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It’s not your fault, brother of golf ball death teen told

A coroner has urged the brother of a teenager killed in a freak golf driving range accident not to blame himself for the death.

Tragic Craig Woods (16) had spent the day with his brother Connor at Blackwood Golf Centre in Bangor.

They were on the driving range when Craig was struck on the left side of his head by a golf ball that had been hit by Connor.

Craig is thought to be the first person in the world to have died from such an injury, an inquest has heard. Speaking at the inquest for the 16-year-old — who died in July last year — a consultant neuro-pathologist described his death as “a completely exceptional case” which had no comparable example in medical literature across the world.

Yesterday coroner Suzanne Anderson sent a personal message to Connor, asking him not to feel any guilt over the accident.

“No-one could blame Connor, and he must not blame himself,” she said. Neither Connor nor his mother Michelle attended the inquest in Belfast, but his father Paul sat quietly in court listening to the proceedings.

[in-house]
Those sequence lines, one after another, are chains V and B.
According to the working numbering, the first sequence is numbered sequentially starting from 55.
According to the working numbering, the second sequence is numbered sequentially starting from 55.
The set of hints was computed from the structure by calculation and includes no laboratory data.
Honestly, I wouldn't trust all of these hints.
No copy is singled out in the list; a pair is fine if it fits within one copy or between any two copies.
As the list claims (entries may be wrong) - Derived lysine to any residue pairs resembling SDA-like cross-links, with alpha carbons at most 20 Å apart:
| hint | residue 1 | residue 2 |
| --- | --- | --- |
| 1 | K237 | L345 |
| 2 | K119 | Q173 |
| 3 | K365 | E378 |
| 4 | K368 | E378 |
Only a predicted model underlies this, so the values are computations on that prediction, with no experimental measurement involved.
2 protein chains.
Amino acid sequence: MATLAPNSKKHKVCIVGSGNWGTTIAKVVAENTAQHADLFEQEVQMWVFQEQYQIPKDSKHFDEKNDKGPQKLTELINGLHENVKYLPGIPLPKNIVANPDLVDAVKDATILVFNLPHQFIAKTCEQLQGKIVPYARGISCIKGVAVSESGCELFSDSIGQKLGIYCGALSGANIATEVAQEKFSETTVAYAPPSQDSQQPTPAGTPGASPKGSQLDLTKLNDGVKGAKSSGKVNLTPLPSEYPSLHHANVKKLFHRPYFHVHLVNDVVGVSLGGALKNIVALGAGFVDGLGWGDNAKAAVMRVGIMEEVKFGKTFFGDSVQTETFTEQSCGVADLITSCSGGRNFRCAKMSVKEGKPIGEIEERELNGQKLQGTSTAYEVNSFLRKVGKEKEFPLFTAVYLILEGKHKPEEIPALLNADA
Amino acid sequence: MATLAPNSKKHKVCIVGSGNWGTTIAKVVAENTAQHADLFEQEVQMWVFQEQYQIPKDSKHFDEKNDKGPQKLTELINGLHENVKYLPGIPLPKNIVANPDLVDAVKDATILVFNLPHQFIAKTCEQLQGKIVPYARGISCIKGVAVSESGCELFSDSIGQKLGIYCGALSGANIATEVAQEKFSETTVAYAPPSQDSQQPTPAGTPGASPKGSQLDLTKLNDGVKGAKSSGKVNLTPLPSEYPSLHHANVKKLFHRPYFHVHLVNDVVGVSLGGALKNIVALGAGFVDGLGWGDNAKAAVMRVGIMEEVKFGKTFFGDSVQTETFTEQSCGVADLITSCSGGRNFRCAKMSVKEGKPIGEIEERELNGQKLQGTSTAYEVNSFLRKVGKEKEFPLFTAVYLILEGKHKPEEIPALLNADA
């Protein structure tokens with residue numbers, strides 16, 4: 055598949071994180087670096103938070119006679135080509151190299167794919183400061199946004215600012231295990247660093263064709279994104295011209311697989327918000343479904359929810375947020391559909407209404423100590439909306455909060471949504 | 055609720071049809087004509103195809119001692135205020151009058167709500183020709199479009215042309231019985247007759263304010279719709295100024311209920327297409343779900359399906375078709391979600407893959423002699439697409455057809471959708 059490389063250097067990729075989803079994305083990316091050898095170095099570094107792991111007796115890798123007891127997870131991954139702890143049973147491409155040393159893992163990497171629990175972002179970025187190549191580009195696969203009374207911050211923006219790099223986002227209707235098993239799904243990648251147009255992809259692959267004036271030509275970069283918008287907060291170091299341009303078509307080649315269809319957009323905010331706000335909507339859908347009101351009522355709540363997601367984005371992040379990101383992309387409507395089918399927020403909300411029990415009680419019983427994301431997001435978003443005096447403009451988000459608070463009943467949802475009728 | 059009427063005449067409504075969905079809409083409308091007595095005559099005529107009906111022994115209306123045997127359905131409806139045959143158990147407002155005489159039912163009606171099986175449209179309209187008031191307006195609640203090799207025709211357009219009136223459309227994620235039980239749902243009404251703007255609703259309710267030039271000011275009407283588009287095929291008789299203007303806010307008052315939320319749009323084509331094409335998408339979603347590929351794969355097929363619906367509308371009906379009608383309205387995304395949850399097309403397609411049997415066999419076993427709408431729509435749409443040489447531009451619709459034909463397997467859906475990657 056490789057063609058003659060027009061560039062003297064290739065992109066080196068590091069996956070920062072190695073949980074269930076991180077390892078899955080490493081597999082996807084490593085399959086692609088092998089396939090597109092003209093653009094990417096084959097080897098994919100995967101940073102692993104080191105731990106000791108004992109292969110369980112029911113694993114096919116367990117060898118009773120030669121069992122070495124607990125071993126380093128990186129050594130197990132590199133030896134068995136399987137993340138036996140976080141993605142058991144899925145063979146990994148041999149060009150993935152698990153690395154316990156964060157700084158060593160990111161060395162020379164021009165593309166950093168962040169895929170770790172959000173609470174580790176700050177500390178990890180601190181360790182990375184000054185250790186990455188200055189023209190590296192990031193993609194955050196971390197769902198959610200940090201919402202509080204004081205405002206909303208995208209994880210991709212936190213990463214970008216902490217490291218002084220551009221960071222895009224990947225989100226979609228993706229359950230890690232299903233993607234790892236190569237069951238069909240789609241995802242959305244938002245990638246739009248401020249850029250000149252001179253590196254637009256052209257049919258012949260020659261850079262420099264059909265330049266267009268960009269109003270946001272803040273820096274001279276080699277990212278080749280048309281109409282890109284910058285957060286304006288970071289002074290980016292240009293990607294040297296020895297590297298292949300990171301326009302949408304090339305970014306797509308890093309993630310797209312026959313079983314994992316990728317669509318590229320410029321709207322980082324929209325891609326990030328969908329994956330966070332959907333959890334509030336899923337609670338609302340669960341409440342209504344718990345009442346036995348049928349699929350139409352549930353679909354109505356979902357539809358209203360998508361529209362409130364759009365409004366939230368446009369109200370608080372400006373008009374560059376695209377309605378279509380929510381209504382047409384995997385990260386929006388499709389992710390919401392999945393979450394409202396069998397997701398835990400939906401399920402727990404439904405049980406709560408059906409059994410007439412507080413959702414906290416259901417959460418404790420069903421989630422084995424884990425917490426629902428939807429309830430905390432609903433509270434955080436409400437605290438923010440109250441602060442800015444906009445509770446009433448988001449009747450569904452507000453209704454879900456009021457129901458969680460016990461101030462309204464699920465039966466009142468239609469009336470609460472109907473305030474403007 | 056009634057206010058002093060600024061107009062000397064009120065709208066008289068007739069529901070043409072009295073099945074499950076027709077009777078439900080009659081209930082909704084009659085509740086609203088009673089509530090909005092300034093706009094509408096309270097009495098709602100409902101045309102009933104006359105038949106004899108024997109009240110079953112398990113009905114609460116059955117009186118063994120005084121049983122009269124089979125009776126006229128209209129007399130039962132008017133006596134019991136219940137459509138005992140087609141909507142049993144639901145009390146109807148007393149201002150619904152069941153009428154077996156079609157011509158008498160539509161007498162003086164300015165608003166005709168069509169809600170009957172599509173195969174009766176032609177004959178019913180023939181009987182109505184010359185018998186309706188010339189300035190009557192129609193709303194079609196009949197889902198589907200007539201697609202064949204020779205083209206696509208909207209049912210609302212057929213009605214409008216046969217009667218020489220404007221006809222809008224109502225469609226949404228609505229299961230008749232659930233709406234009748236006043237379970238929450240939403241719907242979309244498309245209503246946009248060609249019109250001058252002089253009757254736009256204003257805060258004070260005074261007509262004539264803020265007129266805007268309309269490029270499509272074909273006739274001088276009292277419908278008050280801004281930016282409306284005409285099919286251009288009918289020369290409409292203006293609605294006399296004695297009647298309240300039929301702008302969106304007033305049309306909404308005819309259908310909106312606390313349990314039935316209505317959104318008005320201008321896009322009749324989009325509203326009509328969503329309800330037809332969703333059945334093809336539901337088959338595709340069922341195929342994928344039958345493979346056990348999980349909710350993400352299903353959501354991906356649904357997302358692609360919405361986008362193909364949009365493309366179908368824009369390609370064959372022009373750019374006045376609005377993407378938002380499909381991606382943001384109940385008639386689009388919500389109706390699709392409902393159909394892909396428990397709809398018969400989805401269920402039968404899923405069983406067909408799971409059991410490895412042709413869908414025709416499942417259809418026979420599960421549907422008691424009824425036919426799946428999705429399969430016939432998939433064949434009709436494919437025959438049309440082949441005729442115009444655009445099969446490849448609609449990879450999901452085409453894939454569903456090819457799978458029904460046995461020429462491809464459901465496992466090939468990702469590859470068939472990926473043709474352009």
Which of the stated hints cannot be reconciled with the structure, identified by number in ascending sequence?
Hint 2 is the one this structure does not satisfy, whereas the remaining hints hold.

The inquest heard how the teenager, from Regency Park in Newtowards, was seen holding his head and “staggering” towards his brother after being struck by the golf ball.

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In a statement to police at the time, Connor said his brother assured him he was “fine”.

But he quickly deteriorated “and could not sit up straight on a bench”.

His body stiffened and started convulsing, with witnesses saying his jaw clenched, his eyes rolled back into his head and he was foaming at the mouth. Paramedics rushed him to the Ulster Hospital, Dundonald, were he was quickly transferred to the Royal Victoria Hospital, Belfast.

Consultant neuro-surgeon Stephen Cook, who operated on Craig, said the situation looked “very pessimistic” from the outset. The golf ball had hit Craig on his temporal region, an area of the skull Mr Cook described as “very thin compared with other parts of the skull”. It caused a blood vessel inside the lining of the skull to rupture, resulting in a massive haemorrhage.

Mr Cook said he had “never seen an injury like this before”.

This view was shared by consultant neuro-pathologist Dr Brian Herron, who carried out the post-mortem. He said: “The mechanism has never been described as far as I’m aware in any of the literature, so it must be a completely exceptional case.”

Coroner Anderson concluded Craig died from an “acute subdural haematoma” after being struck by a golf ball.


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